+      $this->assertEqual($this->drupalGetHeader('X-Drupal-Cache'), 'MISS');
    +    }
    

    Wondering how to test the default expiration time.

    Building the page cache cid for a given page is fairly easy, we could load the cache entry manually and check the expire timestamp.

Berdir’s picture

catch’s picture

I think only #3 and #4 aren't covered by the other issue.

I opened #2717207: Add a time service to provide consistent interaction with time()/microtime() and superglobals for #3. Agreed it doesn't matter here but the global constant won't be available to components in a subtree split and no point defining our own if PHP's got one. Would rather do that all at once and add a DrupalCS rule for it though, then deprecate the constant.

#4 ought to be doable.

alexpott’s picture

Here's the requested test.

Berdir’s picture

Status: Needs review » Reviewed & tested by the community

Thank you, I think this is good to go then?

Wim Leers’s picture

Status: Reviewed & tested by the community » Needs work

I think this looks good now, but there's too many nits left to be fixed on commit, so moving back to NW. Sorry.

  1. +++ b/core/modules/page_cache/src/StackMiddleware/PageCache.php
    @@ -244,14 +245,33 @@ protected function fetch(Request $request, $type = self::MASTER_REQUEST, $catch
    +    // via cache tags locally. They also ignore max age, since this allows the
    +    // local page cache to be treated differently from external proxies or CDNs.
    

    This is a bit misleading: some external proxies (e.g. Varnish) and some CDNs (e.g. Fastly and CloudFlare) also support cache tags. So they can use the same strategy.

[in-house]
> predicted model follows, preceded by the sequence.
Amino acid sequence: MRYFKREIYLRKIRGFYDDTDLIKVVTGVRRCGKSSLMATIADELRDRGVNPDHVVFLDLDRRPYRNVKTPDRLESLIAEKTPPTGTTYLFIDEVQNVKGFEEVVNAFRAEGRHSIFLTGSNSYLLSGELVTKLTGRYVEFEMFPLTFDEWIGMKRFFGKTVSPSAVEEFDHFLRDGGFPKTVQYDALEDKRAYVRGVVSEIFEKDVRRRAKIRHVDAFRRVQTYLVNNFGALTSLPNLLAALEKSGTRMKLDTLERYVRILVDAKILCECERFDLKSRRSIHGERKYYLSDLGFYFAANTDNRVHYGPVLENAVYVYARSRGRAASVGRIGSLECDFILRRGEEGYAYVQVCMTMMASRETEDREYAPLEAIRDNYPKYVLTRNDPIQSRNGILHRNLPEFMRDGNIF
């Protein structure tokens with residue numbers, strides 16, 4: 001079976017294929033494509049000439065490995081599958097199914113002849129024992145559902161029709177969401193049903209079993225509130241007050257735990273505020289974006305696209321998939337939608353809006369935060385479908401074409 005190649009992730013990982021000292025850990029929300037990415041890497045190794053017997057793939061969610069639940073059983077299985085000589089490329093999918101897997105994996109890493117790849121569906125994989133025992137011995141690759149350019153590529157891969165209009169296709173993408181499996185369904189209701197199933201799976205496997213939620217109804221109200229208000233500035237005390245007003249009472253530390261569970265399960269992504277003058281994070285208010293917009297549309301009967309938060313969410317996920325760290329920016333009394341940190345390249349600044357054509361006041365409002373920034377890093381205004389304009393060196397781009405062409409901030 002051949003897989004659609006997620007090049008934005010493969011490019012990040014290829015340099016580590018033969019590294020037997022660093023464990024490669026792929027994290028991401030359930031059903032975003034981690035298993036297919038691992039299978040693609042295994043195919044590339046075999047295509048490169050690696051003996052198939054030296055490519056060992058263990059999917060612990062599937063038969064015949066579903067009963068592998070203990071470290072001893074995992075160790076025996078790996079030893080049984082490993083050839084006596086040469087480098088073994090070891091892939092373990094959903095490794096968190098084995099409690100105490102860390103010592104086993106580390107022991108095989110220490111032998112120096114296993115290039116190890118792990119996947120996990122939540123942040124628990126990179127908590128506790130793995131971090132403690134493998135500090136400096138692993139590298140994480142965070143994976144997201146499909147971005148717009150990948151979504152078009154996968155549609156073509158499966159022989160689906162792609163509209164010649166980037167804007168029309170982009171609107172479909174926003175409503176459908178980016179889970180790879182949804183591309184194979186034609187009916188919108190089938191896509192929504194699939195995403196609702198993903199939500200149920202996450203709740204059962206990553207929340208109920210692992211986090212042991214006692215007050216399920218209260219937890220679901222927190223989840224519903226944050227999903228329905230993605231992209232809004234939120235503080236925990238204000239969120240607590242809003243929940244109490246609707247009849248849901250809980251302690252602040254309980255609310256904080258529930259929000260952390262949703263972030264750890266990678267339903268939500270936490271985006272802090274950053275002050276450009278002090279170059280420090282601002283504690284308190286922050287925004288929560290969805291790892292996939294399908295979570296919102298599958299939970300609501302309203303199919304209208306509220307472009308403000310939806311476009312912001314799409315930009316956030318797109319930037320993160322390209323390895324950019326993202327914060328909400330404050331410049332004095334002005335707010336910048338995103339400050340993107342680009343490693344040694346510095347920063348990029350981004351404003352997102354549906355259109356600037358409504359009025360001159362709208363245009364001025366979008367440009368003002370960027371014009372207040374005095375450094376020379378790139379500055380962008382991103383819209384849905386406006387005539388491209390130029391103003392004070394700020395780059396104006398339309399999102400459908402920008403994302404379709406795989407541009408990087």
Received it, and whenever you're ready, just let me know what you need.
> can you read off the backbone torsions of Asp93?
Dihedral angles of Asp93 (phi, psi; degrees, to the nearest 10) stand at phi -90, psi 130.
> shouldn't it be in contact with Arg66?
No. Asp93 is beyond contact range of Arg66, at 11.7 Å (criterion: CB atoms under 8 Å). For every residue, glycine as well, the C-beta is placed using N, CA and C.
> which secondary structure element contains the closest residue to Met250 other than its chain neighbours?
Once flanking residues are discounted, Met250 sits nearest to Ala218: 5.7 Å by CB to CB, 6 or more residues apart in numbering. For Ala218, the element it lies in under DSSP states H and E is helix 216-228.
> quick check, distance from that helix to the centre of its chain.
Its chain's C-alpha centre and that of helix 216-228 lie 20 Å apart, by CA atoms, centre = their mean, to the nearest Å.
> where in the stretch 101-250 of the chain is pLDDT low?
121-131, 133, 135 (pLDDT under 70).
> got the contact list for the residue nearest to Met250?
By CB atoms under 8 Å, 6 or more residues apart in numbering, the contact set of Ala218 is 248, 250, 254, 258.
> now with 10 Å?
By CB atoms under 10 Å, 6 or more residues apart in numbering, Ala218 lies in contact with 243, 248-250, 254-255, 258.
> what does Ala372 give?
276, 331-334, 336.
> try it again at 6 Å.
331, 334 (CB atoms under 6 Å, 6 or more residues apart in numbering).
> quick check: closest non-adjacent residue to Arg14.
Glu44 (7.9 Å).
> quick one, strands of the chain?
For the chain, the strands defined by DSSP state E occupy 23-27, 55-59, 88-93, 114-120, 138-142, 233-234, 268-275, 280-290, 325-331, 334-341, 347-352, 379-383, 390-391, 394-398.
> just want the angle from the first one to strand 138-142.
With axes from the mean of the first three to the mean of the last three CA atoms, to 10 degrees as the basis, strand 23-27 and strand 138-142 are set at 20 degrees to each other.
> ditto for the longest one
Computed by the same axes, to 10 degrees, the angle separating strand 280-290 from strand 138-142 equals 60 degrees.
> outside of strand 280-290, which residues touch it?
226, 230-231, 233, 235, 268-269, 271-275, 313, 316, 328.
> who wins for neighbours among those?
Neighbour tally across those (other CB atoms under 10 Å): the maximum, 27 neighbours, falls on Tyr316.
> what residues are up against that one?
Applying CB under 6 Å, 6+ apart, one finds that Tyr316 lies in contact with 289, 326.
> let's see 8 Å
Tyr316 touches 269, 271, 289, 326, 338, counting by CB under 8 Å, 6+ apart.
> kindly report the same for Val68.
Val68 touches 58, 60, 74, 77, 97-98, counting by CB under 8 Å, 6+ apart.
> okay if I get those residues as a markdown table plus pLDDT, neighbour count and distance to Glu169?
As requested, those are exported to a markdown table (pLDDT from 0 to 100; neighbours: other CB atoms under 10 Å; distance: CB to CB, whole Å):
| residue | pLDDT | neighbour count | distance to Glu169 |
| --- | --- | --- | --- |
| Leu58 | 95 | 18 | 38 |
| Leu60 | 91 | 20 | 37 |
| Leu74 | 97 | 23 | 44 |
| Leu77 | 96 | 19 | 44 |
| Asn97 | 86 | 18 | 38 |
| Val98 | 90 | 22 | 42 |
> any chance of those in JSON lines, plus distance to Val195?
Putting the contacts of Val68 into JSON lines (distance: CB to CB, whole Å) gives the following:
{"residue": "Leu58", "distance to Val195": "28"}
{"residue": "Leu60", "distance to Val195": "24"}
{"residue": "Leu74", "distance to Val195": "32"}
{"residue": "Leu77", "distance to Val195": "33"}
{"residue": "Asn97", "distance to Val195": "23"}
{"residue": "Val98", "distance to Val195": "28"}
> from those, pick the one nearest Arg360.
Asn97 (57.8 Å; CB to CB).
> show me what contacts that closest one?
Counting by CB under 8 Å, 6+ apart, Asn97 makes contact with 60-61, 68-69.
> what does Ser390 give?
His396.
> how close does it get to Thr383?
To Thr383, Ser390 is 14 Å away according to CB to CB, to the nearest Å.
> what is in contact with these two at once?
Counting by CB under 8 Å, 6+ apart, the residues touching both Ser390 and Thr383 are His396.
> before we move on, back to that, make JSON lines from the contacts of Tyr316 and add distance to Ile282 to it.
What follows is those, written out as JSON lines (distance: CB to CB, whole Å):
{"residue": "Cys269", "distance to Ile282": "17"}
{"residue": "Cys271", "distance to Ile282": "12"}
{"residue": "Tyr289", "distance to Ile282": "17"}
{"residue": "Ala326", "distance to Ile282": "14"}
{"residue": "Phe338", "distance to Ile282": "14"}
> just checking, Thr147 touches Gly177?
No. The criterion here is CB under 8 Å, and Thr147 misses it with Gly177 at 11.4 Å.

2. +++ b/core/modules/page_cache/src/StackMiddleware/PageCache.php
    @@ -244,14 +245,33 @@ protected function fetch(Request $request, $type = self::MASTER_REQUEST, $catch
    +      // Cache for an hour by default. If the ttl is set to 0 then do not cache
    

    Nit: s/ttl/TTL/

  3. +++ b/core/modules/page_cache/src/Tests/PageCacheTest.php
    @@ -374,6 +375,30 @@ function testPageCacheAnonymous403404() {
    +      // Ensure the expires date on the cache entry uses negative_cache_ttl.
    

    s/expires date/'expire' field on the cache item/

  4. +++ b/core/modules/page_cache/src/Tests/PageCacheTest.php
    @@ -374,6 +375,30 @@ function testPageCacheAnonymous403404() {
    +      $cache_entry = \Drupal::service('cache.render')->get($this->getUrl() . ':html');
    

    AFAIK we always call this $cache_item?

  5. +++ b/core/modules/page_cache/src/Tests/PageCacheTest.php
    @@ -374,6 +375,30 @@ function testPageCacheAnonymous403404() {
    +      // Account for any rounding errors by rounding the difference ot the
    

    s/ot/to/

  6. +++ b/core/modules/page_cache/src/Tests/PageCacheTest.php
    @@ -374,6 +375,30 @@ function testPageCacheAnonymous403404() {
    +      // nearest 10. As long as negative_cache_ttl is a multiple of 10 then this
    

    I don't understand this "multiple of 10" stuff?

  7. +++ b/core/modules/page_cache/src/Tests/PageCacheTest.php
    @@ -374,6 +375,30 @@ function testPageCacheAnonymous403404() {
    +      // Getting the 404 page twice you still result in a cache miss.
    

    s/you//

  8. +++ b/sites/default/default.settings.php
    @@ -420,6 +420,19 @@
    + * backends which do not support LRU can purge older entries. To disable caching